BASF Enhances Research Capabilities with New Supercomputer Installation
AgTech Corporate

BASF Enhances Research Capabilities with New Supercomputer Installation

BASF, the world’s largest chemical producer, has initiated the operation of a new, considerably more powerful supercomputer at its Ludwigshafen site, replacing the previous one. With a staggering computing power of 3 petaflops, the new supercomputer dwarfs its 1.75-petaflop predecessor.

“Digital technologies are among the most important instruments to expand our research and development capabilities further,” shared Dr. Melanie Maas-Brunner, member of the Board of Executive Directors and Chief Technology Officer of BASF. Today, she explained, identifying the most promising polymer structures from thousands of possibilities necessitates above-average computing power.

The new supercomputer was constructed by Hewlett Packard Enterprise (HPE) and ran on AMD processors (CPUs). In addition, it features an innovative cooling concept reliant on warm-water cooling. The system effectively absorbs the heat directly from its source within the supercomputer, significantly reducing the energy required and operational costs. As a result, the new supercomputer, retaining its predecessor’s name, Quriosity, is globally the most powerful supercomputer employed in industrial chemical research.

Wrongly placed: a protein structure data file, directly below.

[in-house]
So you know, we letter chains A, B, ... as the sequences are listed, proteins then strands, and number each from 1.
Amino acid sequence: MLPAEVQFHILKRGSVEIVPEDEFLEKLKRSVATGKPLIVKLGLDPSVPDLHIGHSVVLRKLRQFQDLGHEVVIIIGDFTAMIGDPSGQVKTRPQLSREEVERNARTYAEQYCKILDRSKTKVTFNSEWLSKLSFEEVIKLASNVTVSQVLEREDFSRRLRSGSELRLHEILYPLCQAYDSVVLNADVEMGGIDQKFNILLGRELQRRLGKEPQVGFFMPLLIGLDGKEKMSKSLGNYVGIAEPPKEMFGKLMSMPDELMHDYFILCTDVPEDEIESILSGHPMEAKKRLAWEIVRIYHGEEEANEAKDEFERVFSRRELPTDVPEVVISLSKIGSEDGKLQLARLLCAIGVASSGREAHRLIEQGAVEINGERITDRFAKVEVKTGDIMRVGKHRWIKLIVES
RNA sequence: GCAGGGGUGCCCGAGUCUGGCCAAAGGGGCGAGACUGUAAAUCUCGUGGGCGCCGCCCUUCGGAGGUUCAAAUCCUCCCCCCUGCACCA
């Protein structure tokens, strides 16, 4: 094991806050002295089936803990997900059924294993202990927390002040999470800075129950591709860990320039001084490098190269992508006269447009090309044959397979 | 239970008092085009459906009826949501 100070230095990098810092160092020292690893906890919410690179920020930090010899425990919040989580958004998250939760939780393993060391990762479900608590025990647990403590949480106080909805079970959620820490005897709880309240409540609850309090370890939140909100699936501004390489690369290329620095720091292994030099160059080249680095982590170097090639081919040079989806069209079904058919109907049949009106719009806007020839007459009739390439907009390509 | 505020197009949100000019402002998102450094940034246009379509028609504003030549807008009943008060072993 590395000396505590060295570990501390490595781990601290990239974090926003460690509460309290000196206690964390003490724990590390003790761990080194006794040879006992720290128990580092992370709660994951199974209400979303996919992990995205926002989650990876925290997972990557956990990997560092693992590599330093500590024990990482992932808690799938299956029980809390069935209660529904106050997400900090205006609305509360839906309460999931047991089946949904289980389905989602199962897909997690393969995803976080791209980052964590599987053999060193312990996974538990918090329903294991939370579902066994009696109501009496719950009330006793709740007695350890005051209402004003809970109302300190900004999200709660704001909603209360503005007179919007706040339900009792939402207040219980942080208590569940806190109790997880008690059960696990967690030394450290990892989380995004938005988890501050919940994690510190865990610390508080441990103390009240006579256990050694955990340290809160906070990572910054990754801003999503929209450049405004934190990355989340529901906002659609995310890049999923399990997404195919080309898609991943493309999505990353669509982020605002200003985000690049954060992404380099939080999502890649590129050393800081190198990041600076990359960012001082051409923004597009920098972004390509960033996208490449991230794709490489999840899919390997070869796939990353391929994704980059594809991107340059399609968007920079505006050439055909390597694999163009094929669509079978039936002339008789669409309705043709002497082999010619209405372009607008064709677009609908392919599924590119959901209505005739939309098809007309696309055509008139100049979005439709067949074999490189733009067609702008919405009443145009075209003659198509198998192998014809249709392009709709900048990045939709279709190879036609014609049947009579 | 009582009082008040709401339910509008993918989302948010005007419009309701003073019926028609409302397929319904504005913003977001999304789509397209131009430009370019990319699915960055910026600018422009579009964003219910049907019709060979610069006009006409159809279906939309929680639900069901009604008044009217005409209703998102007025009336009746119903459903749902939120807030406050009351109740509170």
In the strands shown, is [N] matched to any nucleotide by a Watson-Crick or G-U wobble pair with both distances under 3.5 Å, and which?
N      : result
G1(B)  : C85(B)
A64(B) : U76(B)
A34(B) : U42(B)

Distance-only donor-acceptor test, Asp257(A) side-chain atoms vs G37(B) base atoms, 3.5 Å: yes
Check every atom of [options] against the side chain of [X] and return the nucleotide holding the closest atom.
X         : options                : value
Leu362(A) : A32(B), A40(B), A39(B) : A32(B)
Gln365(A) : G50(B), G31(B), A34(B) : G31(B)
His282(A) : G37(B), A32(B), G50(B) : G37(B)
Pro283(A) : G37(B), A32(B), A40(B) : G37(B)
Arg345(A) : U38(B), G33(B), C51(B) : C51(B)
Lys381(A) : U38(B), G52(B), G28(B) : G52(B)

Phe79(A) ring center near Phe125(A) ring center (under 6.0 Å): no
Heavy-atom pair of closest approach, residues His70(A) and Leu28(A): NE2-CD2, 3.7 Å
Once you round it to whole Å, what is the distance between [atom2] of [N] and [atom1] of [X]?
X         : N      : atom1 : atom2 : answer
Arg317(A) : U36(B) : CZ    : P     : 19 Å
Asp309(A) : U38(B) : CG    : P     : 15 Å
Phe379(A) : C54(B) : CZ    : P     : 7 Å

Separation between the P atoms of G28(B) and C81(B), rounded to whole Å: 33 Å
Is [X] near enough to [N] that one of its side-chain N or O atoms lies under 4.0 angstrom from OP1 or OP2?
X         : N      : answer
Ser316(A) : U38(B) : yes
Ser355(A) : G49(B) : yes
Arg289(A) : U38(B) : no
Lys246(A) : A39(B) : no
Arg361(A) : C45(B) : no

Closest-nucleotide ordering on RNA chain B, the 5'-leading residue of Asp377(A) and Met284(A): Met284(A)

In the past five years, Quriosity has played a crucial role in reducing the development time for innovative molecules and chemical compounds, accelerating the launch of new products. However, the previous supercomputer’s computing capacity was insufficient to meet the increasing complexity and demands of the company’s research projects, prompting the investment in a more high-performance computer.

Notably, the previous supercomputer will undergo refurbishment by HPE, achieving a remarkable recovery rate of over 95 percent.

BASF also plans to employ cloud computing power, in addition to the on-site supercomputer, when required. “This hybrid solution offers us the best possible technical and operational flexibility,” said Maas-Brunner. “It enables us to handle requests necessitating exceptionally large processing power and to work on special tasks outside the scope of our supercomputer.”

As a digital tool, the supercomputer has transformed research approaches at BASF. For example, the supercomputer can now complete calculations that took around a year in just a few days. This has led to reduced product development times and the identification and utilization of previously hidden connections, driving entirely new research approaches.

Since its deployment in 2017, the Quriosity supercomputer has been performing an average of 20,000 daily tasks and is used by more than 400 employees worldwide. It has aided in understanding the composition of personal care products, planning and optimizing reaction processes, and identifying environmentally friendly and effective compounds for crop protection products. It has also played a role in optimizing the fluid dynamics of plant components in production operations.

Image provided by BASF

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